Breaking Barriers: Janet Hogarth’s Pioneering Role in Women’s Work at the Bank

The Role of Women in Banking During WWII: A Focus on the Bank of England

In 1894, Janet Hogarth made history as the first woman to work in the Bank, where she supervised a team of women who sorted used banknotes. By the time the First World War began, the number of women clerks employed by the Bank had grown significantly from 65 in 1914 to 1,309 by 1919. These women were paid less than men and had a separate pay structure that remained in place until 1958.

During World War II, the Bank allowed married women to remain in their roles on a temporary basis with the discretion of the Governors. The duties of women expanded slightly during the war to include more clerical tasks, resulting in a ten percent increase in those performing clerical work from 1939 to 1944. However, this was still not enough for some women who were expected to leave their positions upon marriage and receive a lump sum payment.

The marriage bar at the Bank was finally lifted in 1949 due to labor shortages after World War II. This policy, which required women to leave their positions at the Bank upon marriage and receive a lump sum payment, was common at other institutions like the Civil Service at that time. Women’s duties expanded slightly during World War II, but they were still expected to leave their positions upon marriage and receive a lump sum payment as part of what was known as “the dowry.”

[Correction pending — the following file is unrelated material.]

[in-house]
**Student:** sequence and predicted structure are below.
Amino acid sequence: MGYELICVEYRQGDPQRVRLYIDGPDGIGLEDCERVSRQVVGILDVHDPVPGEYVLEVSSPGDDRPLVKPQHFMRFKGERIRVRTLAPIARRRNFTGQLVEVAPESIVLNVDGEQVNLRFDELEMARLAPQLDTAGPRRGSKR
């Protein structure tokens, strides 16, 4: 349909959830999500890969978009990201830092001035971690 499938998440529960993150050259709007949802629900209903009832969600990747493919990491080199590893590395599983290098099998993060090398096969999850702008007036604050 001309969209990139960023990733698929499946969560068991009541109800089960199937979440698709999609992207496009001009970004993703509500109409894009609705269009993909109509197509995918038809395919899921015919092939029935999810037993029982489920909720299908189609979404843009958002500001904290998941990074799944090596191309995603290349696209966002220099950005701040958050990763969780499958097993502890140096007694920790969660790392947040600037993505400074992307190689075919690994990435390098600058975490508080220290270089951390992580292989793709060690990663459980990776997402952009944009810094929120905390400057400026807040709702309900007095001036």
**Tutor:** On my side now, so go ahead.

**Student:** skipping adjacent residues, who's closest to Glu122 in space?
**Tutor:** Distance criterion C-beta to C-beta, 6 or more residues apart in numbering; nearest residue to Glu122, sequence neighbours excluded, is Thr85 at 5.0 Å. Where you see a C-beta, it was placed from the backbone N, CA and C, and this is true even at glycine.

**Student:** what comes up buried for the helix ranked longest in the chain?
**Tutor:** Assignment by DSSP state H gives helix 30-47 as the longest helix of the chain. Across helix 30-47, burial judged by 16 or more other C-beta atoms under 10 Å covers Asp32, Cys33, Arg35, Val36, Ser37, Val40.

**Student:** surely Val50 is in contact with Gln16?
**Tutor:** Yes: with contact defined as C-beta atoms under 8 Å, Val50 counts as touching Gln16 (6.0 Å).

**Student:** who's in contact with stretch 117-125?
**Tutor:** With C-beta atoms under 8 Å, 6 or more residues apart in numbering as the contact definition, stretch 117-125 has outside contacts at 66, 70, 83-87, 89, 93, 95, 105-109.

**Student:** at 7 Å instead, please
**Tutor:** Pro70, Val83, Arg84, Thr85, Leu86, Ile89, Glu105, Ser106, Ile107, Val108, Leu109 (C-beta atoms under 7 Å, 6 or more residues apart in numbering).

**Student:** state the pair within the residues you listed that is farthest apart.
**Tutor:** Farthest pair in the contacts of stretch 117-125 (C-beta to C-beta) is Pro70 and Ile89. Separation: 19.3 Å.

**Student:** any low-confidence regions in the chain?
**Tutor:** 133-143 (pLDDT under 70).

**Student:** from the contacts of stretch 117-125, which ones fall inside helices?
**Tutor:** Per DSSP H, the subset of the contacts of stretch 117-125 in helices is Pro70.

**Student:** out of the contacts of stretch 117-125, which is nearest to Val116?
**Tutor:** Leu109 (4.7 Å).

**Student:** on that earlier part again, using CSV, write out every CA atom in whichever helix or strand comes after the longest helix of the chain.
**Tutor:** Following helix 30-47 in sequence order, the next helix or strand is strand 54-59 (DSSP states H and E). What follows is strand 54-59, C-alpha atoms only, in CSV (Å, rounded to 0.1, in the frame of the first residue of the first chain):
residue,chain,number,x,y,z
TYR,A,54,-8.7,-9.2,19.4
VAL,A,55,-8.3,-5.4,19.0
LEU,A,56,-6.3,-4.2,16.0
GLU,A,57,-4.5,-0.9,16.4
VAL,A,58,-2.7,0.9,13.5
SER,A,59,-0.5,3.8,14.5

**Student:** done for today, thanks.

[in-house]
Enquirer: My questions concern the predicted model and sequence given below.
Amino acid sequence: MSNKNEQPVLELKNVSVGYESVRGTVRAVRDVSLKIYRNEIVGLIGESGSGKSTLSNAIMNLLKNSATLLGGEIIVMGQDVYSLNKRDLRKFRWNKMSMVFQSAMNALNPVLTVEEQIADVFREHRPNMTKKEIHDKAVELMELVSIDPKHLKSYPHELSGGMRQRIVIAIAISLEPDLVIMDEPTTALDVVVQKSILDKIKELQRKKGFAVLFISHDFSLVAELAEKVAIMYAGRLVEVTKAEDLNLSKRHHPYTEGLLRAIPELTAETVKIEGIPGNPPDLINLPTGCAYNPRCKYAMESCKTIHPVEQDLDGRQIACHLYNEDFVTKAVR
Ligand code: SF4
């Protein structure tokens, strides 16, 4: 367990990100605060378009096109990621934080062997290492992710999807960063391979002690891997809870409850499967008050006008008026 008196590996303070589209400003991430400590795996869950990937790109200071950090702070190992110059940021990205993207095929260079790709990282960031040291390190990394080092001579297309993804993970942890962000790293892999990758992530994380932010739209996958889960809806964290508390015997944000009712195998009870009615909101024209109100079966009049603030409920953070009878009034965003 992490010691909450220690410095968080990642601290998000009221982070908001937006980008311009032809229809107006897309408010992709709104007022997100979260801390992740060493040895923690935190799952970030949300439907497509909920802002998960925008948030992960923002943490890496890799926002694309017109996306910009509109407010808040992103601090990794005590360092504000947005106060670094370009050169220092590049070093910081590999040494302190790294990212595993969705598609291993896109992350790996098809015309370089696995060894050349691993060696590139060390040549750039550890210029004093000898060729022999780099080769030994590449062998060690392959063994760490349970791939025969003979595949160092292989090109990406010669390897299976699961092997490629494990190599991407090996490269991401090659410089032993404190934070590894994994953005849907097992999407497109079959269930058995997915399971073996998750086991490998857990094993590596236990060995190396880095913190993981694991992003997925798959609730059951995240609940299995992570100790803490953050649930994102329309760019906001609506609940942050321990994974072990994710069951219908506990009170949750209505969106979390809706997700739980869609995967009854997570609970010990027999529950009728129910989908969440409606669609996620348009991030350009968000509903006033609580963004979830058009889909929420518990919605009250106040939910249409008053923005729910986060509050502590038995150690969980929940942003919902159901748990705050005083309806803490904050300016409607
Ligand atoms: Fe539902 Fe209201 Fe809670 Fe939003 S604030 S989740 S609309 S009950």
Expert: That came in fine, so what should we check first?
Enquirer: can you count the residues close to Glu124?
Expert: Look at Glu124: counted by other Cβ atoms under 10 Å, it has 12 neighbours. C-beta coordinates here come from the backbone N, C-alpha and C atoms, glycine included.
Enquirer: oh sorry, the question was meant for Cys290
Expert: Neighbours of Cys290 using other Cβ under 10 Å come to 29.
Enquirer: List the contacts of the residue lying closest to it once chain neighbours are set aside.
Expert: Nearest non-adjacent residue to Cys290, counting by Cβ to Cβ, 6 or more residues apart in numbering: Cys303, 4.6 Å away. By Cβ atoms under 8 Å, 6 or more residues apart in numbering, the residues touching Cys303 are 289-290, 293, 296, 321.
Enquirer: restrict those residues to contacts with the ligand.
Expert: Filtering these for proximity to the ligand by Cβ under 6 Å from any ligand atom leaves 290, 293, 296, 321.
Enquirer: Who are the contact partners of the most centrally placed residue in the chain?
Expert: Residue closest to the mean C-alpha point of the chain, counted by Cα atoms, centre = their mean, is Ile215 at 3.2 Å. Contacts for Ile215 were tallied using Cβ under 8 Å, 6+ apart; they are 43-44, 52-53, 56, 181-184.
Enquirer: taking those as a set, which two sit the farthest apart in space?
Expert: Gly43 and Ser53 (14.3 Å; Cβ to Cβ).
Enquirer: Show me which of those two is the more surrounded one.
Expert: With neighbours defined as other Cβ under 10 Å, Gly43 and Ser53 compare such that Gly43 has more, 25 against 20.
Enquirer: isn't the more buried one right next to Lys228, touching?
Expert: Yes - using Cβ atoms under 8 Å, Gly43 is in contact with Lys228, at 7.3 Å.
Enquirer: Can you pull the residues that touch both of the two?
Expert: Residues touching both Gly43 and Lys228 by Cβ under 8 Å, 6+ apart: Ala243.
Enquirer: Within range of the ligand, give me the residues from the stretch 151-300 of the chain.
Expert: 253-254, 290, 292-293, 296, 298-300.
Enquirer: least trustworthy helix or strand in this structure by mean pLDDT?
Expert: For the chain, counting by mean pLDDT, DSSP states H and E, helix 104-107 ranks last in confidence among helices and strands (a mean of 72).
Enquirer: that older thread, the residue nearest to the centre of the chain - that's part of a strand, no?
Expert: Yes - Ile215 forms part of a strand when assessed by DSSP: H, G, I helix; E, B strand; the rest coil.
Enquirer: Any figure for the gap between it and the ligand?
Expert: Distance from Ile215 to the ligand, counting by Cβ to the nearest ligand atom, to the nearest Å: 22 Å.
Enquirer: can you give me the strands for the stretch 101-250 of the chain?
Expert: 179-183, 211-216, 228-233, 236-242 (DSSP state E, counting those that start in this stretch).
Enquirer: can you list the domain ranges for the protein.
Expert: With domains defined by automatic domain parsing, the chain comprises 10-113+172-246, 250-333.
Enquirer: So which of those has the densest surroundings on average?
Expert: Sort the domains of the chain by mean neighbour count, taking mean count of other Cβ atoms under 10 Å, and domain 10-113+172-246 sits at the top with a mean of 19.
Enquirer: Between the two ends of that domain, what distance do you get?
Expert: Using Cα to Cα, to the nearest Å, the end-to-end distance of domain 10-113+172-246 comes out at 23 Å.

Janet Hogarth’s historic role as the first woman to work at the Bank paved the way for future generations of female workers who would fight for equal pay and opportunities within institutions like banks and government agencies. Despite facing discrimination and obstacles throughout history, these women have made significant contributions to society through their hard work and dedication.

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